From Postage to Printing Nine Tips For Getting the Biggest Ban
The late guru Dick Benson once said: "Adding elements to a mailing package, even though obviously adding cost, is more likely to pay out than cheapening the package."
However, we've also seen as many winning mailings with fewer elements. For example, we've both had control mailings for Archaeology magazine and The American Textile Museum. Both mailings did measurably better when the four-color circulars were removed—a higher gross response and less cost for elements.
That said, every mailing should be looked at to see if it can be brought down to fighting weight. Could your four-page letter do the same job in two pages? Does the circular need to be four-color? Is card stock necessary on the order device when 95 percent of your orders come in via the phone or the Internet?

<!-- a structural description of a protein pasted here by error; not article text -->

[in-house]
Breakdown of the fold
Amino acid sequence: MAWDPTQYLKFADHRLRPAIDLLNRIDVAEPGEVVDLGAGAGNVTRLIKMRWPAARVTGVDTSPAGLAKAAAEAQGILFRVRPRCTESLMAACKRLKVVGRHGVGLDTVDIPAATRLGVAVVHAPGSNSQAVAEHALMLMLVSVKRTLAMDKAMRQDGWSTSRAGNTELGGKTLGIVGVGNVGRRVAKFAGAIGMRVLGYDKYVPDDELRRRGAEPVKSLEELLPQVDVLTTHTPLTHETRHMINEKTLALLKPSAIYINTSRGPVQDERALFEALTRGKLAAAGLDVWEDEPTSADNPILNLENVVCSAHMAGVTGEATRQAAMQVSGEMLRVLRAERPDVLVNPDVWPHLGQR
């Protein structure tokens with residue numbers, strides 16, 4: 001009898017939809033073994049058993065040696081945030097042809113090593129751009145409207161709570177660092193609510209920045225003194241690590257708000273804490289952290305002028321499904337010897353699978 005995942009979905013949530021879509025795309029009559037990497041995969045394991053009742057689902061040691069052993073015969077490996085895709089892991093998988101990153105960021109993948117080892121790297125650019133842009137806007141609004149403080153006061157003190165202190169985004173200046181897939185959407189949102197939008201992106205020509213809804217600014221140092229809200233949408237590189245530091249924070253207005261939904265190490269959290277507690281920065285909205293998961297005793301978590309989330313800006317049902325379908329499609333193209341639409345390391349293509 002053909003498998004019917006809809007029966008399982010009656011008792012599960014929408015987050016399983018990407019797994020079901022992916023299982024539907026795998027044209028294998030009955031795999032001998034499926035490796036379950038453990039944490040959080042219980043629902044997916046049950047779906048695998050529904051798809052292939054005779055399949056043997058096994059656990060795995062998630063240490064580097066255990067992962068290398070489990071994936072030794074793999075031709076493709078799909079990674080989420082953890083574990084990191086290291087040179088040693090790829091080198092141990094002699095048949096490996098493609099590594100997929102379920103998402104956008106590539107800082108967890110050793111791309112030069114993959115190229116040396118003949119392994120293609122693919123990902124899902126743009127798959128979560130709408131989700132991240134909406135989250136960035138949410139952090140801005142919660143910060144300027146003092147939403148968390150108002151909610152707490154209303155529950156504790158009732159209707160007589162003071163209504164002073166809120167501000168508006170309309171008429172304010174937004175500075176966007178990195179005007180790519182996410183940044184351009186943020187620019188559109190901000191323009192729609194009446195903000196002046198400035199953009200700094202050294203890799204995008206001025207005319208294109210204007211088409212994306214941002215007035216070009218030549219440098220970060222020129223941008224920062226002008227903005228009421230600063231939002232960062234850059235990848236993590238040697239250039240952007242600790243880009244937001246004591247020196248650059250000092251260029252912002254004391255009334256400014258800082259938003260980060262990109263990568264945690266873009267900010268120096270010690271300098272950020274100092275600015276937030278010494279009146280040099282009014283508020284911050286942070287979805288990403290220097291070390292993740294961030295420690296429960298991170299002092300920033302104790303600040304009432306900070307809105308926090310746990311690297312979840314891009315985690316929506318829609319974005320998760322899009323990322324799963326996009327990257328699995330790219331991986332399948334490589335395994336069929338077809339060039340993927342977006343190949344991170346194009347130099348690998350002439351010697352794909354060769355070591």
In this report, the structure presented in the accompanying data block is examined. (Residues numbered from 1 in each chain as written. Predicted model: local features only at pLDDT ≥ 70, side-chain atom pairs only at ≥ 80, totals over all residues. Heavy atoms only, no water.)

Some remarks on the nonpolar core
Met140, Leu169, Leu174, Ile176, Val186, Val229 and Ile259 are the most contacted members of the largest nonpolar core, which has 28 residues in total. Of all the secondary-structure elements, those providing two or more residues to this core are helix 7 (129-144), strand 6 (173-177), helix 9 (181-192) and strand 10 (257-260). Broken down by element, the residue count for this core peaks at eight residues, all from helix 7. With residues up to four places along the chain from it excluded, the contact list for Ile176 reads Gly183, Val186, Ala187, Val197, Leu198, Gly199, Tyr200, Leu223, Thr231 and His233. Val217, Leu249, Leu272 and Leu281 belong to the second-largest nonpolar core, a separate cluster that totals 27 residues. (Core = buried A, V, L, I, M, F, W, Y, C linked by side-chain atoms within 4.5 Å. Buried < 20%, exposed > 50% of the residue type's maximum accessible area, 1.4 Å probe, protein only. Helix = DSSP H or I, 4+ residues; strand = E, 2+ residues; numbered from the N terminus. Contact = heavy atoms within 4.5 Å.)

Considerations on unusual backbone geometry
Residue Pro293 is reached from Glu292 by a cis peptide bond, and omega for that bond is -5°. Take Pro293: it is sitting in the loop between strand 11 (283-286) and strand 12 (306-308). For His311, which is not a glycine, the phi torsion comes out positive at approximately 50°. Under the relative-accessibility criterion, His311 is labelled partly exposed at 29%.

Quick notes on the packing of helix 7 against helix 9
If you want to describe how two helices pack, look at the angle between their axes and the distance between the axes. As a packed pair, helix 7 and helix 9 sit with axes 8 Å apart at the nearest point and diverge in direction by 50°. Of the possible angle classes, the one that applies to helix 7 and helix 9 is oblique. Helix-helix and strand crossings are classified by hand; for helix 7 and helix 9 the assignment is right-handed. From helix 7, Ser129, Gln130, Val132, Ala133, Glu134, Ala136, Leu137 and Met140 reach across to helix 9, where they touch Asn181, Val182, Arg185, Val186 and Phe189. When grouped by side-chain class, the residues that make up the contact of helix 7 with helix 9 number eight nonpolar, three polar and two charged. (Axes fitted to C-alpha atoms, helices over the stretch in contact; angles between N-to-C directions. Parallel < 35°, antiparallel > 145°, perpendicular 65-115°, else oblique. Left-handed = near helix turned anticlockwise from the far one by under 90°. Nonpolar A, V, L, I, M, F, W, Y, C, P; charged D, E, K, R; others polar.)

9. Is That BRE Necessary?
If your mailing package has a business reply card (BRC) as an order device, is an additional business reply envelope (BRE) necessary when doing a soft (bill me) offer?
The card should give you the maximum number of gross orders, and it's cheaper. After all, the prospect simply detaches it and drops it in the mail. Do not, however, give a credit card charge option on a BRC. The prospect's personal account number will be hanging out for everyone along the delivery path to see (and steal). With hard offers, always use a BRE.
For some readers, these cost-saving techniques may seem like basic Direct Mail Production 101. But we once knew of a marketer who had asked his new consultant to look at his printing bills.
It turns out that the marketer had put himself into the hands of a printing broker who was overcharging him to the tune of more than $300,000 a year! Had the client bought wisely and carefully, he could have mailed an additional 600,000 pieces for the same money, and generated that much more revenue.